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Datacratic and iPerceptions join forces

Datacratic's Dataviz System

At Datacratic, working with data often means data visualization (or dataviz): making pretty pictures with data. This is usually more like making fully machine-generated images than carefully laying out "infographics" of the Information Is Beautiful school but I find they usually end up looking pretty good. There are lots of good tools for graphing data, like matplotlib or R or just plain old Excel-clone spreadsheets but what we use most often is Protovis, the Javascript library for generating SVG, coupled with CoffeeScript, which is a concise and expressive language that compiles down to Javascript.

The appeal of this combination for me is that it's a very data-centric, declarative way of writing code to generate graphics. If you read the code for some of the very pretty examples on the Protovis site, you'll see that they basically all have the same structure: a JSON-friendly object (usually an array) with all of the data to be visualized, and some small amount of code that declares how each element in that data object should be drawn. To me, the relationship between data and Protovis code is very similar to the relationship between semantic HTML and CSS: a separation of content and presentation. When we first started using Protovis to make pretty pictures, we'd do something similar to the Protovis examples: make an HTML file which contained a bit of markup and a script block with the Javascript code to call Protovis, plus a script tag in the header, which would load an external file which contained our JSON data, preceded by something like "". This suited us just fine, because the data to be visualized was usually the output of some Python or NodeJS or C++ process, and writing JSON to disk is really easy from pretty much any language.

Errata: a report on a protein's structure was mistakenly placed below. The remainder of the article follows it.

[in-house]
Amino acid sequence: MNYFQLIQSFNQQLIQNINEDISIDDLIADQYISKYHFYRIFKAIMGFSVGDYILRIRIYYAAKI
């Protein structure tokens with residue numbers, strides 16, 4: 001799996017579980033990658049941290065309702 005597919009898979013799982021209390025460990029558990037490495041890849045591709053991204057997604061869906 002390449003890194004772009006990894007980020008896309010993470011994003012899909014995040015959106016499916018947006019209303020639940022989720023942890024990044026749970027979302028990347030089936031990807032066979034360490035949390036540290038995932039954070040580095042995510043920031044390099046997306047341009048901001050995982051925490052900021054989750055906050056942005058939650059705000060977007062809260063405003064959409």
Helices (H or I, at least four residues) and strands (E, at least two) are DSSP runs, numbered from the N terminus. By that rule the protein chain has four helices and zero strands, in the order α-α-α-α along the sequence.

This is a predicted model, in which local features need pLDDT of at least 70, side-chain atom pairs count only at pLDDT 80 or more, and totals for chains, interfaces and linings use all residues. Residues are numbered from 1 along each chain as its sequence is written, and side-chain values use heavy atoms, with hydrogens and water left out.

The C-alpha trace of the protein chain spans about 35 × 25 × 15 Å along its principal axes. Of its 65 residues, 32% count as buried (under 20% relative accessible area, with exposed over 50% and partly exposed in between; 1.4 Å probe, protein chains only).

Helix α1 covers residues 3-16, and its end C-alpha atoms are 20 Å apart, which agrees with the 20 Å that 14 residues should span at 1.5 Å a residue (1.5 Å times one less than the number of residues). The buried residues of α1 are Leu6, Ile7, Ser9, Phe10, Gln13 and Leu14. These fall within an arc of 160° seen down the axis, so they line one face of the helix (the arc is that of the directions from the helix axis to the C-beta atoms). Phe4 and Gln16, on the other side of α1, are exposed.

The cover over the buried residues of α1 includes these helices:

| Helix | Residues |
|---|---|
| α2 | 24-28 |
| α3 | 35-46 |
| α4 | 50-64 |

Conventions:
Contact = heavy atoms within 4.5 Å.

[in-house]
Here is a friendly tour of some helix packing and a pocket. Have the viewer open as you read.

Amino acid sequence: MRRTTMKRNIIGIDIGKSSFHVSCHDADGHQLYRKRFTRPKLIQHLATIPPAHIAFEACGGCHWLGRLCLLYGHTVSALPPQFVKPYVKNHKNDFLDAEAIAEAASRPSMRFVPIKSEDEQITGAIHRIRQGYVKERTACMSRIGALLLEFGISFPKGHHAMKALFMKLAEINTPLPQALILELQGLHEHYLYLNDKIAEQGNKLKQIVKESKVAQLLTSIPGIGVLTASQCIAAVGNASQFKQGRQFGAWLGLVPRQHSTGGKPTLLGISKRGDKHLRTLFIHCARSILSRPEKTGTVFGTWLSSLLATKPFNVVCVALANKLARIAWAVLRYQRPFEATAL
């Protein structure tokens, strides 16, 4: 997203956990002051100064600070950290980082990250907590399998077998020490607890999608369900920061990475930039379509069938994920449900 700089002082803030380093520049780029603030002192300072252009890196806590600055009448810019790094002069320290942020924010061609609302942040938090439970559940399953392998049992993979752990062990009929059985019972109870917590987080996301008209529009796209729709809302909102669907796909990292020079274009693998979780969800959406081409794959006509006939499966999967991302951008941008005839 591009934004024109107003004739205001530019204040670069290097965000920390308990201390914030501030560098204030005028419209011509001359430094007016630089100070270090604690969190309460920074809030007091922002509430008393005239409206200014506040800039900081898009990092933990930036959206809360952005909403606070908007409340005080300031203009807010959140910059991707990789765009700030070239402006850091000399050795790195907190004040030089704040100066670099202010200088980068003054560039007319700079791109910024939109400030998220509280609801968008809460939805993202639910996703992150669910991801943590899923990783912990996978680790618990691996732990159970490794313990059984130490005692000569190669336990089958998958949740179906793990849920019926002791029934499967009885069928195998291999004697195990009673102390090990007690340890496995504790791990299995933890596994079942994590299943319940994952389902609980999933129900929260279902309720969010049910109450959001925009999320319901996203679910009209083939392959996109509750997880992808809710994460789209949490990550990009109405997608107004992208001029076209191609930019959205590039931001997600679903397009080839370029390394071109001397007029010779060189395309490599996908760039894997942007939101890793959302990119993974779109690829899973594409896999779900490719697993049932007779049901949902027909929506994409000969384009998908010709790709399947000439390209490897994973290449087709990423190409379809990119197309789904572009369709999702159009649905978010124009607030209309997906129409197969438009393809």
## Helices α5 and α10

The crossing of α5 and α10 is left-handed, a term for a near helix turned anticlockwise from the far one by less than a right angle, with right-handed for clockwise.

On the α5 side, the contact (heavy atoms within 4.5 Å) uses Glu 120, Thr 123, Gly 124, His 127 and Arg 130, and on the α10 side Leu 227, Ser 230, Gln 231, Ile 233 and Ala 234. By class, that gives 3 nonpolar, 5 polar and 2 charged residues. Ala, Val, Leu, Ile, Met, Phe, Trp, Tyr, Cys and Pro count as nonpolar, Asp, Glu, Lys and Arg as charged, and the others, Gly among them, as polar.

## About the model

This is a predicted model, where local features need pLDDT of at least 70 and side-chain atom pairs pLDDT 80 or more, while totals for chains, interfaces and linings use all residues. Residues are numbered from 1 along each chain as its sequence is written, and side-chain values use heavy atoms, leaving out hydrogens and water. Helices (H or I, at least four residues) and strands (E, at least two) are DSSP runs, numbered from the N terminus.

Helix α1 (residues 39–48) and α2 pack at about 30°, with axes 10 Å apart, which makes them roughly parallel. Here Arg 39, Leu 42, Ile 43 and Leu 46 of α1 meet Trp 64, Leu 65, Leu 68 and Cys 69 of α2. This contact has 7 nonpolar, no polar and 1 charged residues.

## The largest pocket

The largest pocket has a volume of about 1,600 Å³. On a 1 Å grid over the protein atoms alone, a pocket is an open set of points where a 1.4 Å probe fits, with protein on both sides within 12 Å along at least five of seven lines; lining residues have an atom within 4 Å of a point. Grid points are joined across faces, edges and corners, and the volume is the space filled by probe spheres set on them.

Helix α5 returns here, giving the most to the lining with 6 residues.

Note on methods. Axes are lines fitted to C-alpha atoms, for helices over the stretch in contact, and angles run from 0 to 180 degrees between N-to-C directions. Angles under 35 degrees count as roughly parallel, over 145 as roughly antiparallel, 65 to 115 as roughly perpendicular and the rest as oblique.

The thing is, once you've written a bunch of similar dataviz code a few times, you look for a way to reduce the repetitive work, and so you pull your code out into an external file and you end up creating a whole bunch of very small HTML files to combine code and data. Say you've settled on a nice way of graphing a certain type of data, for example the output of a per-partition Click-Through-Rate vs Cost-Per-Click analysis script. You'll probably want to view the same graph for various partitions: per site, per vertical, per day of week, per time of day, whatever. So you generate a data file per partition, and you use the same code file, applied to each data file to generate each graph. And automating this task is just what the dataviz system that François and I built does.